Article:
Secondary Ion Mass Spectroscopy – SIMS

Secondary Ion Mass Spectrometry (SIMS) is used for the composition analysis of metals, semiconductors, polymers, biomaterials, minerals, rocks, and ceramics using a mass spectrometer. SIMS is the preferred tool for determining the composition of solid surfaces and thin films in testing labs.

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    Secondary Ion Mass Spectrometry – SIMS Testing Services

    Secondary Ion Mass Spectroscopy (SIMS) is a tool for the composition analysis of metals, semiconductors, polymers, biomaterials, minerals, rocks, and ceramics. As the name suggests, SIMS uses a mass spectrometer to analyze secondary ions ejected after primary ions are bombarded on the sample surface. In the laboratory, SIMS can detect almost all elements in the periodic table, from Hydrogen to Uranium, in very low concentrations and with high lateral resolution. Thus, it is useful for dopants, impurities, and trace element analysis.

    Static and Dynamic SIMS are two modes differentiated by whether only the top layer of the solid or a depth (from nm to a few tens of micron) is probed. These modes are accomplished by changing the primary ion beam’s dose i.e. a low dose ion beam only knocks out atoms from the top monolayer while a high dose beam goes through several layers. Time-of-flight (ToF-SIMS), quadrupole, and magnetic sector mass spectrometers options are available in combination with modes.

    Our well-equipped testing labs perform SIMS analysis for our clients based in the USA and other parts of the world. We at Infinita Lab perform not only routine tests, but also custom tests designed in our laboratory as per the client’s specific requirements.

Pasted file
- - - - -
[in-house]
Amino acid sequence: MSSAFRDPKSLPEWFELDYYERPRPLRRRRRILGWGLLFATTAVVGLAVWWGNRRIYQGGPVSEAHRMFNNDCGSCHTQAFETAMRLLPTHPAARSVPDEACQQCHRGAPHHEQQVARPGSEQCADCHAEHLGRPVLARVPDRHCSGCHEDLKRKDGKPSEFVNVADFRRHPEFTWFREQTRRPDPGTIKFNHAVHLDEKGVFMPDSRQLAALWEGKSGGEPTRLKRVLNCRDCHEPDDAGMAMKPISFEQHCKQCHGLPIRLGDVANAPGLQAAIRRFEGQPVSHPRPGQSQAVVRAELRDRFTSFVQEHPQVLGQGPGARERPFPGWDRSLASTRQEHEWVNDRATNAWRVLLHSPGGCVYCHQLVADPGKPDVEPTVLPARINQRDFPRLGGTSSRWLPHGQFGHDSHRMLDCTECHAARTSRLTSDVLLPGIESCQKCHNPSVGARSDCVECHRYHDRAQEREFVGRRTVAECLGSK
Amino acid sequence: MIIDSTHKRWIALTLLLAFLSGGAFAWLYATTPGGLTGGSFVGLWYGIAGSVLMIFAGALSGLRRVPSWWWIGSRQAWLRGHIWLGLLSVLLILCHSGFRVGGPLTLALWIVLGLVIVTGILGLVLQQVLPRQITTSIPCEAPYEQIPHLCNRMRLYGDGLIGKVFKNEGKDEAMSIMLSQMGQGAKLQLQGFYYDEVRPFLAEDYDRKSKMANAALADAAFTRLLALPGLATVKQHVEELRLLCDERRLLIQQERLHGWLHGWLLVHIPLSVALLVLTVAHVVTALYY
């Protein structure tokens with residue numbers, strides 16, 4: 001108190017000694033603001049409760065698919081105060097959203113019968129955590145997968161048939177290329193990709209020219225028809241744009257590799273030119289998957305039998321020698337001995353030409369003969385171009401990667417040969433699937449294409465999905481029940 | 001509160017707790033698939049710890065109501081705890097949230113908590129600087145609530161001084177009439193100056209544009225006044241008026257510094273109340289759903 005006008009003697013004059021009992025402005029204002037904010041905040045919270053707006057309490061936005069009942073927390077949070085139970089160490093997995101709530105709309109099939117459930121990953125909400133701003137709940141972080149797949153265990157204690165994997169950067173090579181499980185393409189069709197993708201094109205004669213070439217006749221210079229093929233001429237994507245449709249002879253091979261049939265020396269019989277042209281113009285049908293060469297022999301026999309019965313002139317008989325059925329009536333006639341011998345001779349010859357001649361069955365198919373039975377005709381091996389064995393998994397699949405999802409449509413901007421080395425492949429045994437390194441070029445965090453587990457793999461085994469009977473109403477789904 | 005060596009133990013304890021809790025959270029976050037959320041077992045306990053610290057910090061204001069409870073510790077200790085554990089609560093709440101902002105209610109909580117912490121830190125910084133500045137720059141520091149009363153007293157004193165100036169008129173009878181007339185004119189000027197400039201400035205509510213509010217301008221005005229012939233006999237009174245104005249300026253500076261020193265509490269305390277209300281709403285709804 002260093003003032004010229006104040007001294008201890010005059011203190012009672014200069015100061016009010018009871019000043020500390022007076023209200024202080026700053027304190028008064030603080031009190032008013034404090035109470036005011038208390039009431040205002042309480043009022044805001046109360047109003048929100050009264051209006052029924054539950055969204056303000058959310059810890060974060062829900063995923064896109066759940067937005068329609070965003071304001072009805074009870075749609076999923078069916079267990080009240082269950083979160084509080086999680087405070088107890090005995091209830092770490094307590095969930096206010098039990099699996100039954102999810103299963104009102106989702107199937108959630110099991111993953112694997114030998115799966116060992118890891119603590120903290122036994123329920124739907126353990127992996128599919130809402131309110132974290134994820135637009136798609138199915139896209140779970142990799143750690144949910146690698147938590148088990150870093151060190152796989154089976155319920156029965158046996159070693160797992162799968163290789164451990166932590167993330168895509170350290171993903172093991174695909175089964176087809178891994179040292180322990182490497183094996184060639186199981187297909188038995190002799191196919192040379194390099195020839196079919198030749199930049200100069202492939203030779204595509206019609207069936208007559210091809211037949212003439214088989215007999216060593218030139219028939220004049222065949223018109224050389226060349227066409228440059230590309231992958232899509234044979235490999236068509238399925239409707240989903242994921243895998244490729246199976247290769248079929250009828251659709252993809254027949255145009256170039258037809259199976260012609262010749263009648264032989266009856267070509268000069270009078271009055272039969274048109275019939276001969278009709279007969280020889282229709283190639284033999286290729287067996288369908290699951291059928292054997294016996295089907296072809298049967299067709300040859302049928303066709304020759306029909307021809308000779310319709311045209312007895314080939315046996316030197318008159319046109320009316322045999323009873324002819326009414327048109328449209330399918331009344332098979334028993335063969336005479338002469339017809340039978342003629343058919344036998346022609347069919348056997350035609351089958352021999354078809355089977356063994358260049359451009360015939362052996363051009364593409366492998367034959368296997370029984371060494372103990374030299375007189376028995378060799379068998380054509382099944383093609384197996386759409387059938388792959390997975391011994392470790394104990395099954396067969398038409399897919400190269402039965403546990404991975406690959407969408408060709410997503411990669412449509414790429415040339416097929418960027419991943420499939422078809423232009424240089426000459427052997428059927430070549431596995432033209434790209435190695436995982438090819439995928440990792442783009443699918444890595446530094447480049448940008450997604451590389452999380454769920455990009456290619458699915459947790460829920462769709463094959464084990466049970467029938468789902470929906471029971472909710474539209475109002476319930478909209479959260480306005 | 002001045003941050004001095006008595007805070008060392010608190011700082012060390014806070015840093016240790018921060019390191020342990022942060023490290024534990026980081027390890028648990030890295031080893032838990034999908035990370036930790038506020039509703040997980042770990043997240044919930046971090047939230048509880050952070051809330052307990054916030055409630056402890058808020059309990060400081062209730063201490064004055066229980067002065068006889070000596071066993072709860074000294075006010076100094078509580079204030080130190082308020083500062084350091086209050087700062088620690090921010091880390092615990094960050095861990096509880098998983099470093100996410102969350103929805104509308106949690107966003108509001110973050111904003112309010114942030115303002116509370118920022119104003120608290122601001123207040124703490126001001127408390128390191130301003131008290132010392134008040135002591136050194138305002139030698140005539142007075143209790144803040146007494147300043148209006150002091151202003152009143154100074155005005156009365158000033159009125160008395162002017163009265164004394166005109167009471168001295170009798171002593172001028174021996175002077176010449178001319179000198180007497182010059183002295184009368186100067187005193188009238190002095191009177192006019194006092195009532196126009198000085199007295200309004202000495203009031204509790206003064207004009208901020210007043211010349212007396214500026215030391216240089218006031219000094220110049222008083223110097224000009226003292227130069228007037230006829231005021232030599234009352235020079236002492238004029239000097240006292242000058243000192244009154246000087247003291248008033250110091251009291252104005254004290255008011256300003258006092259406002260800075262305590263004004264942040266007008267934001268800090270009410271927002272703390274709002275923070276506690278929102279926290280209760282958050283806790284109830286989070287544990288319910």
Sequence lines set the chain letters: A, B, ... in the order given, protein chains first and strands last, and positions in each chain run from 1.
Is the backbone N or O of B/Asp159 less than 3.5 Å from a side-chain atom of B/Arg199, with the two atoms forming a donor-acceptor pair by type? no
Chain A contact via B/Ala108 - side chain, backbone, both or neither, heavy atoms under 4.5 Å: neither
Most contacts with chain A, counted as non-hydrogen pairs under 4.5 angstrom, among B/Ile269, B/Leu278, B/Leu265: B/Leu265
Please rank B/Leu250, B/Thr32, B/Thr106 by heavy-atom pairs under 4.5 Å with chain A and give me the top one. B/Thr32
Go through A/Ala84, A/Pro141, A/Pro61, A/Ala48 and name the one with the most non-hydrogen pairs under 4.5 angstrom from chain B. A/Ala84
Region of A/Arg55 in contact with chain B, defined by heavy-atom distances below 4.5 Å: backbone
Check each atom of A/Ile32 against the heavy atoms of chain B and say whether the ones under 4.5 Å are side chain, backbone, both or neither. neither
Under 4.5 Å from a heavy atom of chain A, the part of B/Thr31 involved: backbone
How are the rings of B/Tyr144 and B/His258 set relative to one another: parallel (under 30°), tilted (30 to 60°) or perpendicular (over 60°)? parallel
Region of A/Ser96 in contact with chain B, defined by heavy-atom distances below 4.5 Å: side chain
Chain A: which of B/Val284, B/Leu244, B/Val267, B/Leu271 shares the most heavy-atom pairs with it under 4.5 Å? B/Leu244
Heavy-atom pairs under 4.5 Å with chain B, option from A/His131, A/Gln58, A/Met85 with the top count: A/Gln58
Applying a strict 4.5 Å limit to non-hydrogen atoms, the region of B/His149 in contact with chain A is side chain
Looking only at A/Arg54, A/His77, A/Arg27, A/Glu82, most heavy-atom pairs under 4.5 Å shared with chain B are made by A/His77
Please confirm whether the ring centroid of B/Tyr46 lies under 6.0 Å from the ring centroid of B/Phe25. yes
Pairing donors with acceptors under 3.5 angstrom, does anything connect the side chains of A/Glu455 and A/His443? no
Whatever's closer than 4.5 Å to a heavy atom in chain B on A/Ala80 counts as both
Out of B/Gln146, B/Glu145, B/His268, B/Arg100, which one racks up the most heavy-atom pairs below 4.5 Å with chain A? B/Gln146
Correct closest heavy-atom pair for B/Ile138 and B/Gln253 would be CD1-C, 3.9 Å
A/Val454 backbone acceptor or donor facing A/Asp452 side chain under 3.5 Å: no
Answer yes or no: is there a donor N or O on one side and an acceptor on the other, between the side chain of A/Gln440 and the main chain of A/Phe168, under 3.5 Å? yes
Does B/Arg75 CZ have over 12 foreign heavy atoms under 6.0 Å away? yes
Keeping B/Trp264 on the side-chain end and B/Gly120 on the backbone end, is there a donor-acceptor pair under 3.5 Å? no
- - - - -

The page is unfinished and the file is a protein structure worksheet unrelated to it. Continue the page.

Common Uses of SIMS

    • Contamination and impurities distribution in thin-film multilayer stacks
    • Depth profile of dopants (B, C, N) concentration in Si
    • Molecular species in organic materials
    • Isotopes and trace elements in minerals
    • Analysis of the defects at the interfaces in atomic layer systems
    • Composition analysis for III-V, II-VI, GaN, SiC, Si, GaAs, Diamond, Graphene, Biological, Organic Materials, Minerals, etc.

    SIMS Advantages

    • The only technique for direct detection of hydrogen and deuterium
    • High detection sensitivity approaching ppb, parts per billion
    • Covers elements from Hydrogen to Uranium
    • High mass resolution (dynamic range) for all materials, conducting or insulating
    • High lateral resolution (<50 nm)

    Limitations of SIMS

    • Quantification is complicated and requires standards
    • Chemical bonding information is not provided
    • Only materials that can be used under ultra-high vacuum
    • Destructive analysis

    Industries benefitted by SIMS analysis

    • Semiconductors
    • Nanotechnology
    • Additive Manufacturing
    • Advanced Materials
    • Automotive
    • Energy Storage and Batteries
    • LED and Display
    • Mining and Minerals
    • Biomaterials

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      FAQs on Secondary Ion Mass Spectroscopy – SIMS

      Where can I get SIMS analysis of materials done?

       Our network of material testing labs, spread across the USA, provides SIMS analysis services to identify the substance present on the sample’s surface and to detect defects and impurities.

      How much does scanning ion mass spectrometry (SIMS) analysis cost?

      The cost of surface scans of materials using ToF-SIMS starts from $450/sample.

      What type of analysis is done using scanning ion mass spectrometry (SIMS)?

      Scanning ion mass spectrometry (SIMS) is an imaging technique coupled with a spectrometer. It is used to obtain elemental, isotopic, and molecular information from solid samples. It is also used for depth profiling, imaging, and compositional analysis of surface defects and contaminants. 

      What is the difference between static and dynamic SIMS models?

      Static and dynamic SIMS models differ in the ion beam type, sample sputtering intensity, and the information obtained. Static SIMS, like ToF-SIMS, uses a low ion beam dose suitable to obtain compositional information on the sample’s outermost layer. 

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